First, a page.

The superbike segment was put on notice this morning. Kawasaki may be a little late in the game, but they’re here now and have a bike with world-class technology and 207 horsepower. Because fuckin’ race bike.
The previous iteration of the Kawasaki was a great bike. Despite having a rudimentary electronics package in comparison to the European options, it was the only Japanese literbike included in comparisons until Yamaha released the 2015 R1 last year, simply because it made great power, had amazing power delivery, and had a well balanced chassis and great brakes.
The all new 2016 ZX-10R looks a lot like the previous version, but Kawi claim they’ve left barely a bolt untouched. Changes were made to the engine, chassis, suspension, fairings, electronics, brakes, and exhaust - and all were done at the requests of Tom Sykes and Jonathan Rea, who’ve been the two to beat in World SuperBike. For you laymen, WSBK is the other motorcycle racing series (not MotoGP) and is the one where they race production-based bikes, not prototypes. If anyone knows these bikes backwards and forwards, it’s those two.
There’s a TL;DR version at the bottom for those who don’t wanna dive in. You’re welcome.
The ZX-10R has always made great power but its 998 cc inline four has never made its power as low as the Aprilia’s V4 or Ducati’s v-twin - so Kawasaki have tried to improve low end power while also increasing peak power (again, because fuckin’ race bike).
The cylinder head and crank are all new and 20 percent lighter. This reduces engine inertia and allows the motor to spin up or slow down faster which obviously improves acceleration and deceleration, but has the added benefit of also helping the bike change directions more quickly as crank inertia can blunt steering speed.
The crankshaft also gets a new, lighter balancer, and the connecting rods have a new coating which reduces friction at high rpm.
The new cylinder head’s intake and exhaust ports are now straighter and wider, allowing them to flow more air/fuel mixture into the combustion chamber. Both the intake and exhaust ports are now polished, which helps improve flow, and the valves are now titanium for weight reduction.
Kawasaki has revised the cam profiles in the engine to better optimize valve overlap, and the pistons are now shorter, lighter and have revised crowns to help increase power at high RPM. To help with engine rigidity and reliability, they’ve wrapped those pistons in cylinders whose walls have been thickened.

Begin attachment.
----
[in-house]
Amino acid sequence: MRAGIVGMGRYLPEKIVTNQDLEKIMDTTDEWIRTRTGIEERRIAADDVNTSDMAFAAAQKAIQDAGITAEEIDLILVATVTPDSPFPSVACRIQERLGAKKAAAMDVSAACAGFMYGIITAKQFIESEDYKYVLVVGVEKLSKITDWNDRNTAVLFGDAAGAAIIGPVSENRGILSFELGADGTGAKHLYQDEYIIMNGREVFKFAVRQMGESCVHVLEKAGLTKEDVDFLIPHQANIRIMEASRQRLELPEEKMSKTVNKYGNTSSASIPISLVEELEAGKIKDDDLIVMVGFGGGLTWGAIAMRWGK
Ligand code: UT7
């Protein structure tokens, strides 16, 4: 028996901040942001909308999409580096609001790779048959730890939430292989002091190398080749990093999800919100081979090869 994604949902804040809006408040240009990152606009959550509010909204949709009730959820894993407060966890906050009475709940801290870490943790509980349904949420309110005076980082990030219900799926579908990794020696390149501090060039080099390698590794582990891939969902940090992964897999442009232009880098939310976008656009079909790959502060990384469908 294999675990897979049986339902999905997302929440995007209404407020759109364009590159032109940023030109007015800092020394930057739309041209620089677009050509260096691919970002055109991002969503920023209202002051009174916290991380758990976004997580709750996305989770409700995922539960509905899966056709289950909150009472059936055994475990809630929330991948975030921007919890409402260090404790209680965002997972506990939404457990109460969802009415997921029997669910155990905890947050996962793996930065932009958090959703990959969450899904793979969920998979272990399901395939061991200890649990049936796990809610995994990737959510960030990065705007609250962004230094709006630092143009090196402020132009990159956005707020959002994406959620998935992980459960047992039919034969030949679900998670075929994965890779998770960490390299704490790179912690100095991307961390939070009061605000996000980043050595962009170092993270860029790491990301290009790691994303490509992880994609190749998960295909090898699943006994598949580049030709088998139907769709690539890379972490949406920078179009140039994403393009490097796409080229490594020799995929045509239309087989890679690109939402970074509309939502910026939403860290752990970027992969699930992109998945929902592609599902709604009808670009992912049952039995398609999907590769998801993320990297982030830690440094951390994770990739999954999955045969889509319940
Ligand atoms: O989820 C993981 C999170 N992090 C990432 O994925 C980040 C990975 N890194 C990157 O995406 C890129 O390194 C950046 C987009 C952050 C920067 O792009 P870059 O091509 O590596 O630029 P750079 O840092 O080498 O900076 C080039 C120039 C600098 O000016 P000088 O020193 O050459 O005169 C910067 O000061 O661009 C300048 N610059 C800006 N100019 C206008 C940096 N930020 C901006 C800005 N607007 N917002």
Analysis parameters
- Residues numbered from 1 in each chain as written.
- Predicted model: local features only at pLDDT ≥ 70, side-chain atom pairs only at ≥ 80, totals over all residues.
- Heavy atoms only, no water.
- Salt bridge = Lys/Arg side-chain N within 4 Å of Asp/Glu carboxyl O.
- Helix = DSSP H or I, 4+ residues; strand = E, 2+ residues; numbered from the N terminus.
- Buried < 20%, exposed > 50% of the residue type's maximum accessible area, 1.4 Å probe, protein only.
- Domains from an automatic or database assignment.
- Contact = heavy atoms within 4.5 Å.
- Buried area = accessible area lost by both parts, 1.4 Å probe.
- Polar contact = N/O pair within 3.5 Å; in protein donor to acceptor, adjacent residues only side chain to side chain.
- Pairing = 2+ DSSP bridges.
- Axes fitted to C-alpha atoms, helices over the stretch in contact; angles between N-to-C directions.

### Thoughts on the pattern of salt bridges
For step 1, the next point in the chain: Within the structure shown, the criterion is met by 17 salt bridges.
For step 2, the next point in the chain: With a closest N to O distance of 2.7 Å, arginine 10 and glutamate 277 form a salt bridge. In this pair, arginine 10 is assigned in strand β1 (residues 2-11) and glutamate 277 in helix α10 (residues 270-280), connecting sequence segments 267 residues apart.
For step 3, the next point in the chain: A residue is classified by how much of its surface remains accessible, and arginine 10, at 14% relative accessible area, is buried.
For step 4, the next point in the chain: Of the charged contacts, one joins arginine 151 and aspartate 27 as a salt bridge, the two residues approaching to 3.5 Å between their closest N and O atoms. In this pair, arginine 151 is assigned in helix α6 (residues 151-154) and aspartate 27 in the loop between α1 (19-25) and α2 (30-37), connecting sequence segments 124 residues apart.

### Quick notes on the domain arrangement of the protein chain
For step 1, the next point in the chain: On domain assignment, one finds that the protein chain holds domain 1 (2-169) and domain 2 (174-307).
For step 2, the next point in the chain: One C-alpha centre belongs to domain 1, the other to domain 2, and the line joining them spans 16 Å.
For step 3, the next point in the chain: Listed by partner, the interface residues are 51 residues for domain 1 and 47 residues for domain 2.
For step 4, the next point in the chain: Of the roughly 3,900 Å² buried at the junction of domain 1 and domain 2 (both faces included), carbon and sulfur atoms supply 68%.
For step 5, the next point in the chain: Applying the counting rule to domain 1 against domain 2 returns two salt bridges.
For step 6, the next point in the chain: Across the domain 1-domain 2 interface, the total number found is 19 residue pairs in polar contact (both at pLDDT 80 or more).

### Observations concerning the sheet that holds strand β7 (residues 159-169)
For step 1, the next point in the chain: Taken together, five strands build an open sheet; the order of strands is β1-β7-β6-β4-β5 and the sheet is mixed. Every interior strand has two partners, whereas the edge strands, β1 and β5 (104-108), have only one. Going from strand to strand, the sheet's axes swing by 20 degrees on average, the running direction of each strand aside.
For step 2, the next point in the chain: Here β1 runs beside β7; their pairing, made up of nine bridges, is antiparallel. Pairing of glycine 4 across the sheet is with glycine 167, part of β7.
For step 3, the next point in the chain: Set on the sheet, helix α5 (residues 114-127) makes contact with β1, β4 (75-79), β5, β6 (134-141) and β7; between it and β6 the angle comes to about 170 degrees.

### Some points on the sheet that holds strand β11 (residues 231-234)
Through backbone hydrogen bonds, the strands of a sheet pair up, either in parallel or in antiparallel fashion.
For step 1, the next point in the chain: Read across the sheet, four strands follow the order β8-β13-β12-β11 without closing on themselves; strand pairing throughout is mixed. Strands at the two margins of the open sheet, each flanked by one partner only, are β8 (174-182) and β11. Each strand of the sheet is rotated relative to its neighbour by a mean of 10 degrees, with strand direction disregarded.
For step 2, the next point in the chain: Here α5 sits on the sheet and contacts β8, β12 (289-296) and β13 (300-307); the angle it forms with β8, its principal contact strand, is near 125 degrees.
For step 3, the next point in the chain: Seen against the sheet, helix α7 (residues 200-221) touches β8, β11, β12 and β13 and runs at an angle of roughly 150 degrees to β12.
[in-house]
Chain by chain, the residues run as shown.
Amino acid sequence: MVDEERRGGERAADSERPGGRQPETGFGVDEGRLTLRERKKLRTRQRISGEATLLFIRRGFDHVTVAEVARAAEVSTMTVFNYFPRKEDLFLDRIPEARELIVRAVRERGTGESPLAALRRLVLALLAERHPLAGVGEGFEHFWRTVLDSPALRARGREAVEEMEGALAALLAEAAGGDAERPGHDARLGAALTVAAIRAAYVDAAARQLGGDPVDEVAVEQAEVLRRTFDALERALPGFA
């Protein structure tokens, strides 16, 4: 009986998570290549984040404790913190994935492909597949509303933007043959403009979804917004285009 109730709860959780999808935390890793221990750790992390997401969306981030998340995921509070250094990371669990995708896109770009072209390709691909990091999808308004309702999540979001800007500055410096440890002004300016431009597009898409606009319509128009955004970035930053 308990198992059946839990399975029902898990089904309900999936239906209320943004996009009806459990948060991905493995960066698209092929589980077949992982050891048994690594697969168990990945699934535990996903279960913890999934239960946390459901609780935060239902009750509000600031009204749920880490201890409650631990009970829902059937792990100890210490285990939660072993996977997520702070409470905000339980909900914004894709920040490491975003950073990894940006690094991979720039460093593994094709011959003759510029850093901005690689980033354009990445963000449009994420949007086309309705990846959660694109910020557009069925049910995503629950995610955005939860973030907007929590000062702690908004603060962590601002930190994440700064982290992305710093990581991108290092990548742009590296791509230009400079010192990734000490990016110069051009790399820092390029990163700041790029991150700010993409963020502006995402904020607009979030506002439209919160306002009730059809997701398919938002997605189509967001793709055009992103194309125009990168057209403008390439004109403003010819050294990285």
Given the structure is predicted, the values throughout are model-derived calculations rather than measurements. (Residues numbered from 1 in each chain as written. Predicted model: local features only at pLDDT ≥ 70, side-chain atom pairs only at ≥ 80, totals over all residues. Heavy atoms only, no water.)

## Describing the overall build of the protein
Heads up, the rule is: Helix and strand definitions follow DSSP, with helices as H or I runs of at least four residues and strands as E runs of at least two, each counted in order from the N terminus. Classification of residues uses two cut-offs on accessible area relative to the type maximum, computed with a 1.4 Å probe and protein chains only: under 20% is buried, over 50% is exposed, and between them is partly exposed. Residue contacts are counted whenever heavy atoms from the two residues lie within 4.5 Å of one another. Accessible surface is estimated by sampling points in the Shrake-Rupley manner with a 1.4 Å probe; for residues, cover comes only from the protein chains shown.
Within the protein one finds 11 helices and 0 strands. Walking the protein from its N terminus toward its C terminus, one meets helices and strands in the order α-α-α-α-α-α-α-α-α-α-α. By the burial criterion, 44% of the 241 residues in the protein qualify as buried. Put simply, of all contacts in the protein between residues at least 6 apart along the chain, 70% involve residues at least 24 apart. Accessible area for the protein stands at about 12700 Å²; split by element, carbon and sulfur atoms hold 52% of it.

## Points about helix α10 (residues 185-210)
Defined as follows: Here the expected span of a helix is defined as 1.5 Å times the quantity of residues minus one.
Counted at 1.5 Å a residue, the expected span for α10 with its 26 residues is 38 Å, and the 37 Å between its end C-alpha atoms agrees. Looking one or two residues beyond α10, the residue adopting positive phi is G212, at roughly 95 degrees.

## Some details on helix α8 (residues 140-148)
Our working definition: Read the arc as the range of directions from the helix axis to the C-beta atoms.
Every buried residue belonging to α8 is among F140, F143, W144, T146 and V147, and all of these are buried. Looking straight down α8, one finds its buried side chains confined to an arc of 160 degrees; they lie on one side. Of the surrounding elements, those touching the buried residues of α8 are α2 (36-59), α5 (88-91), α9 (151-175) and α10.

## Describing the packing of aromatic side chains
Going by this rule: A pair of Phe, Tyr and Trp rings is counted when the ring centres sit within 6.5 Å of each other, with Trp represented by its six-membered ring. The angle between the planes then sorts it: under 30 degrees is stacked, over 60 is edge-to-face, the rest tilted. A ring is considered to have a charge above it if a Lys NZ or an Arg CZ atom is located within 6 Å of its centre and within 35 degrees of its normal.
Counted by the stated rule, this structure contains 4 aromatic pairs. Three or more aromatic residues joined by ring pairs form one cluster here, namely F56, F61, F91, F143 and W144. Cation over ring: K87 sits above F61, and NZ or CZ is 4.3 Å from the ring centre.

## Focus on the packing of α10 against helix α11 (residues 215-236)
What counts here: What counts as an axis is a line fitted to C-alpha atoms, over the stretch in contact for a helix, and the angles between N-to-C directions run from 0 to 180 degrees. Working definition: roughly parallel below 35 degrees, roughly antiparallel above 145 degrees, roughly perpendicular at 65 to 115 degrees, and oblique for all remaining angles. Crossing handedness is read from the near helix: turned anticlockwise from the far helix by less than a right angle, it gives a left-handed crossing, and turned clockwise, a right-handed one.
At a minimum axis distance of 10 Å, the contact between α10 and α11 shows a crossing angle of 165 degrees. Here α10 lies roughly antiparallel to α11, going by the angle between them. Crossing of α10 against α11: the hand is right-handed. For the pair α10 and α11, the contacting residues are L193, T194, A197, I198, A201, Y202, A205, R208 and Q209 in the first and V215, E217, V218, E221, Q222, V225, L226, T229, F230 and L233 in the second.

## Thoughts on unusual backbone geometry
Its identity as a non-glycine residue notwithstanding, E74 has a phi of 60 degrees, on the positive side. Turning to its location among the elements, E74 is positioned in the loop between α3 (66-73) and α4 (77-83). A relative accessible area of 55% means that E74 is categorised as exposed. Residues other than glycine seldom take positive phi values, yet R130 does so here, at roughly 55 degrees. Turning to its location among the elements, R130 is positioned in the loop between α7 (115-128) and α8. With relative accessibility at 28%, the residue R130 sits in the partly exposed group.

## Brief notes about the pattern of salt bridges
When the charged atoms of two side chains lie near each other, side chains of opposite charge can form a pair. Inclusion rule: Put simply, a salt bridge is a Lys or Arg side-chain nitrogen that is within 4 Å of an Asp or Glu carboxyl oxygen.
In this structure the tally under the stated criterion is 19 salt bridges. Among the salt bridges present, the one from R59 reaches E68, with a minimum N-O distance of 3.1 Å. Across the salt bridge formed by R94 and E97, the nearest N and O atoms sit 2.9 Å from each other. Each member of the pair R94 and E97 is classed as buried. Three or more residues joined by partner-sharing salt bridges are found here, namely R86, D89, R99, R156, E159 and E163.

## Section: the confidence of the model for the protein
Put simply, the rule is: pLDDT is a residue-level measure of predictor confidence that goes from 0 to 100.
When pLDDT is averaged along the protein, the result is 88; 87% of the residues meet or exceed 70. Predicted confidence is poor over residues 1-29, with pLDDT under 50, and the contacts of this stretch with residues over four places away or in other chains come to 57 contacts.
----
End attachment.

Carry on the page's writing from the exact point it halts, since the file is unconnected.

The airbox is now 25 percent larger and has a filter that has 60 percent more surface area. Anyone who’s done an airbox mod on a bike knows what a massive difference this can make with engine responsiveness and Kawasaki claim this improves corner exit acceleration greatly.
All of this equates to a claimed power output of 207 HP at 13,000 RPM and 84 foot-pounds of torque at 11,500 rpm.
Ducati 1299 Panigale
201 hp @ 13,000 rpm
199 hp @ 13,500 rpm
205 hp @ 10,500 rpm
197 hp @ 13,500 rpm
84.8 ft-lbs @ 10,500 rpm
83 ft-lb. @ 10,500 rpm
106.7 ft-lbs @ 8,750 rpm
82.9 ft-lbs @ 11,500
For the 2016 ZX-10R, Kawasaki are using a closer ratio transmission, which they feel make it ideal for track riding. Second through sixth have all been shortened to improve corner exit acceleration. With the slipper clutch, Kawasaki claim the closer ratios also give more stable downshifts.
The clutch is also now 130 grams lighter, thanks to a thinner primary gear. A new dry-film lubricant has also been applied to the gears to reduce friction, which should improve shifting speed and reliability.
The 2016 ZX-10R also gets a new standard Kawasaki Quick Shifter (KQS). It uses the same contactless sensor as the H2, but only works on upshifts.
Oh boy, Kawasaki have a whole host of electronics they’ve thrown at this bike—which means we’re about to dive into acronym hell. All are built around Bosch’s incredible Inertial Measurement Unit (IMU), which measures five axis of movement and calculates a 6th. This is the same little magic box that made it impossible for me to low side a Ducati Multistrada in the rain.
The system is able to measure acceleration and braking, lateral forces while cornering, vertical acceleration (like cresting a hill at speed), lean angle, and pitch (like during a wheelie or stoppie) and then uses those to calculate yaw (like during a powerslide).
It takes those measurements, as well as ones on wheel speed, brake pressure, throttle position, engine rpm, and throttle opening. Kawasaki even go so far as to claim the system’s level of chassis awareness is so high, it can adapt to changes in tire performance and road camber.